Therefore, there is a need and an advantage believed to be existent relative to the state of the art for an apparatus and method which can alter or improve the aesthetic appearance of poles elevating structures to substantial heights. Further needs or advantages include the ability to provide protection to poles or otherwise protect the exterior of the natural material of poles, even to material which has been treated or manufactured to provide additional protection to the material (e.g. galvanization of tubular steel poles).
The present invention relates to the concept of adding a cover or sleeve to poles, especially substantially tall poles. The cover can be installable in sections to cover some or all of the pole.
In accordance with the invention, an added-on covering can make a pole less susceptible to damage than if painted (for example, paint can be susceptible to scratching and chipping), including when loading or unloading poles, or setting poles into vertical positions. It can also be used to alter to customize the appearance or external surface of the pole.
The cover or sleeve can be retrofitted or included in the original assembly of the pole or its sections. Optionally, it can comprise a sheet of material that can be shaped to conform to the exterior circumference of a section of the pole. Still further there optionally can be hardware or structure that is adapted to lock or retain the sheet into position when wrapped around the pole. Still further, there can be structure associated with the sheet and/or the pole to hold the sheet, wrapped around the pole like a sleeve or cover, against movement relative to the longitudinal axis of the pole.
The cover sheet can be used to for such things as to protect the pole, alter the surface of the pole, or alter the color of the pole.
In this particular pole, galvanized steel tubular pole 10 is tapered from top to bottom with slightly increasing diameter there along. Pole 10 can be made of one piece or can be in sections.
No sleeve section 30 would cover the slip-fit joint between adjacent poles sections. Those joints would remain metal to metal. But, succeeding bottoms of sleeve sections 30 would extend over tops of preceding sleeve sections 30 (and over the slip-fit pull joint) to shield the tops of the preceding sleeve sections 30.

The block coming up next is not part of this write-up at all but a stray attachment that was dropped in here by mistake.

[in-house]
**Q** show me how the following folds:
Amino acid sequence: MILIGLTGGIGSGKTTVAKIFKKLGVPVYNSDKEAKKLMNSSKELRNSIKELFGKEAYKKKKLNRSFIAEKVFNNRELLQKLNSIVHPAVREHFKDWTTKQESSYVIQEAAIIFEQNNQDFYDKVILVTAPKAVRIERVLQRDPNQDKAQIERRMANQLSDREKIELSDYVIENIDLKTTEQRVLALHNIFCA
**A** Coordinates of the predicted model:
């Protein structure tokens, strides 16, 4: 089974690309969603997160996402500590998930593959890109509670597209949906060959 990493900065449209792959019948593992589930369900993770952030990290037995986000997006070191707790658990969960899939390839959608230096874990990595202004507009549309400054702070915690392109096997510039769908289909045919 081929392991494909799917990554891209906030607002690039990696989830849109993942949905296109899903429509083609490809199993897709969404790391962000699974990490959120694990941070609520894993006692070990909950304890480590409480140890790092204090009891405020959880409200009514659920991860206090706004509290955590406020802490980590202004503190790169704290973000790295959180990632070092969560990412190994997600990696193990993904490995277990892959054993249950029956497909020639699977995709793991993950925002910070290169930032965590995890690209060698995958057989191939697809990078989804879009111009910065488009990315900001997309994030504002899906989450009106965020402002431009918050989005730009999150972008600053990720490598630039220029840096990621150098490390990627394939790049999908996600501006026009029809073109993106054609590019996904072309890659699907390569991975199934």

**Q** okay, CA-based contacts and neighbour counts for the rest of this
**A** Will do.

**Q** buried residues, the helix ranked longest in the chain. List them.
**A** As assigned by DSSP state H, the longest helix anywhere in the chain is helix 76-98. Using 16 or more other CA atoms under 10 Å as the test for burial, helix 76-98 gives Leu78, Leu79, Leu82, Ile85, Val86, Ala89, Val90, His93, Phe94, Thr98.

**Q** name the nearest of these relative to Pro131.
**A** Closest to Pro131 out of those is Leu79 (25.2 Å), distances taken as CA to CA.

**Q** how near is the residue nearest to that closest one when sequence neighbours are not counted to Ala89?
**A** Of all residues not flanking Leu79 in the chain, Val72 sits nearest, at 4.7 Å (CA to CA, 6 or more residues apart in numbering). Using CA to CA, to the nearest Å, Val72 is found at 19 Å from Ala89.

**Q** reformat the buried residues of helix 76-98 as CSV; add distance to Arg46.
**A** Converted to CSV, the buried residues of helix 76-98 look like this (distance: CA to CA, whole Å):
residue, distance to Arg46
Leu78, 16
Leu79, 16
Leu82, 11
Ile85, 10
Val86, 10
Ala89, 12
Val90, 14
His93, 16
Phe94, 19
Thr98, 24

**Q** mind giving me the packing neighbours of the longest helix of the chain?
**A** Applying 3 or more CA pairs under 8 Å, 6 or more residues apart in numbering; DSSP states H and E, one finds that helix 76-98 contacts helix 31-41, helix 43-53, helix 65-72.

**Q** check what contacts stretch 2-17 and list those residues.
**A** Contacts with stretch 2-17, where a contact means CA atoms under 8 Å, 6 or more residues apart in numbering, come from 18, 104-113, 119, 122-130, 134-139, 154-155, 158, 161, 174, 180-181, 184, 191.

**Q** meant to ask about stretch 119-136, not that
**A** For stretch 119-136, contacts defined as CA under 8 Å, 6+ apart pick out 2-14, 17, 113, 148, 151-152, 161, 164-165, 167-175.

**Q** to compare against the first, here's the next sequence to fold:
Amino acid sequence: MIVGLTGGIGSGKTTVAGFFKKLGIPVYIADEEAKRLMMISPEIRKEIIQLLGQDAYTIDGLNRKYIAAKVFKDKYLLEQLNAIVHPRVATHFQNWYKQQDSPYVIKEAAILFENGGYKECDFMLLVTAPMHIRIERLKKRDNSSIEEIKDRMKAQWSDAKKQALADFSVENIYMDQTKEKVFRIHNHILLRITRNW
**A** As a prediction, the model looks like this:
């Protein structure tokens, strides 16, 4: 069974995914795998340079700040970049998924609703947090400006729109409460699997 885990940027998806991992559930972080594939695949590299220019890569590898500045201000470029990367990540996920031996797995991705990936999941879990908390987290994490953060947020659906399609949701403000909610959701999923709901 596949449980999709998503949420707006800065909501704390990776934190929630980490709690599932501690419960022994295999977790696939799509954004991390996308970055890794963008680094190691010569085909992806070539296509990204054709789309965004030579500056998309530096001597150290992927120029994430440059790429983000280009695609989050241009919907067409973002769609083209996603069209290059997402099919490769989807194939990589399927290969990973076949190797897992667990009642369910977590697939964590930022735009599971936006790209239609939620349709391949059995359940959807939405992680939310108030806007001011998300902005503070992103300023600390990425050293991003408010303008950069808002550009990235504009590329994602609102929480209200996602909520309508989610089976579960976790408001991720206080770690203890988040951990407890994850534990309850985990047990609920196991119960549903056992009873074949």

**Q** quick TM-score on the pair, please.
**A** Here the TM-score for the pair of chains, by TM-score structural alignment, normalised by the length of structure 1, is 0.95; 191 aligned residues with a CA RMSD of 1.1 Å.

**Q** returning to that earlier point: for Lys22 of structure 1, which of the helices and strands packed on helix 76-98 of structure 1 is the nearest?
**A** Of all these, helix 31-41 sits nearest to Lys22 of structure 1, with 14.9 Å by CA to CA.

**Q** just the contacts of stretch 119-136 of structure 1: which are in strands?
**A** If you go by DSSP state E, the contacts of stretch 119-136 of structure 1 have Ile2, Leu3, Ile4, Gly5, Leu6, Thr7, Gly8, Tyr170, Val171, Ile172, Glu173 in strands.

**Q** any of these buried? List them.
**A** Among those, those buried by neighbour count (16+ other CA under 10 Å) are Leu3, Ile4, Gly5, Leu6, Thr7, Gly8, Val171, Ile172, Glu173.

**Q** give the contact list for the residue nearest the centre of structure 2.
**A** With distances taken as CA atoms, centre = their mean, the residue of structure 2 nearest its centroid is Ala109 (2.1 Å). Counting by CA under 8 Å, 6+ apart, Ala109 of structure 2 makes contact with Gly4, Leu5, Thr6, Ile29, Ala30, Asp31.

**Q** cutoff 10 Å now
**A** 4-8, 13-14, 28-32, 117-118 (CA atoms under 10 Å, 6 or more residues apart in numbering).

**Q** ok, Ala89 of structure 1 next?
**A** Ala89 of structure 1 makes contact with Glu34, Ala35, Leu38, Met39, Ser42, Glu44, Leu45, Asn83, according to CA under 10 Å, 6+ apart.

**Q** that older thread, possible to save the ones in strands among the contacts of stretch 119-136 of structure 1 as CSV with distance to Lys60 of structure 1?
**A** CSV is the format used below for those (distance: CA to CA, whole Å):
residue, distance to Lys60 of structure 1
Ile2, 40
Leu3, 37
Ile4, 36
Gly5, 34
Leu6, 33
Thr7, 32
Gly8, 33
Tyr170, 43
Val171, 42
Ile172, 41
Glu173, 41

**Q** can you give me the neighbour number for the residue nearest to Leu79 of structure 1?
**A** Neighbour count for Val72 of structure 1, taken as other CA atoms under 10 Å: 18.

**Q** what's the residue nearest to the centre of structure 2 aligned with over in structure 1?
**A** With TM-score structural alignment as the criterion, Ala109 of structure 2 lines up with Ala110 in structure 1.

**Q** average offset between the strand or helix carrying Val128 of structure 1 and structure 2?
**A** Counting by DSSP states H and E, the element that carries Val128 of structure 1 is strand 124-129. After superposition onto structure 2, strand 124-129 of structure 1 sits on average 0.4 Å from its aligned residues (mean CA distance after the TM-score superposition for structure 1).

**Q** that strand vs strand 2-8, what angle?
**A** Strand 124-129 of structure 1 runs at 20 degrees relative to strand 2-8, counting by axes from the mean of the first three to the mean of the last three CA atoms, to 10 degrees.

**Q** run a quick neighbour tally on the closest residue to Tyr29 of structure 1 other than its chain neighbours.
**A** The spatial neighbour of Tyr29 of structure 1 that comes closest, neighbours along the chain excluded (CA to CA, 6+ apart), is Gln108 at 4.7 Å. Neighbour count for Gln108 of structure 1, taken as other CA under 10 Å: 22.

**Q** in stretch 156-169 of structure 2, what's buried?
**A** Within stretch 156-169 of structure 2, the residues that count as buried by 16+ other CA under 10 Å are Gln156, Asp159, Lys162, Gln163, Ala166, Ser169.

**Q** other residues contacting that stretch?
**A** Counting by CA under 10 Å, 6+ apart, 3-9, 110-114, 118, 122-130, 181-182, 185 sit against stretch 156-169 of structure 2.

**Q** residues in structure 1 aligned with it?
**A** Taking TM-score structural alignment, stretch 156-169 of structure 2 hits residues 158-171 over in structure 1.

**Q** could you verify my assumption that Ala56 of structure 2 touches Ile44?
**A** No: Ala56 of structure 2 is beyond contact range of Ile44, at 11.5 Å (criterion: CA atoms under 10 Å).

As can be appreciated, covering substantially all of pole 10 tends to protect the surface of pole 10. Preferably, some method of sealing the top-most edge of each section 30, relative to the pole, can be used to further deter any moisture or water or debris from getting between the cover sections 30 and the pole. This could be with some sort of caulking or other sealant (e.g. silicone), or some sort of an elastic or malleable ring or cap.
As further indicated by
It will be appreciated that invention can take many forms and embodiments. Variations obvious to those skilled in the art are included within the invention.
As can be appreciated, different types of materials can be utilized for a cover or sheet. Dimensions can vary. One sheet could be used for an entire length of the pole. Alternatively, as indicated above, much smaller sections could be utilized.
Alternatively a nut (not shown) could be welded or otherwise secured around a drilled hole in the side of pole 10. When sections 30 are wrapped around the pole, a hole performed or created in sheet section 30 can be aligned with the nut and hole combination on pole 10, and a screw or bolt inserted through the hole in sheet 30 and then turned into the nut to hold that section 30 against longitudinal movement relative to pole 10.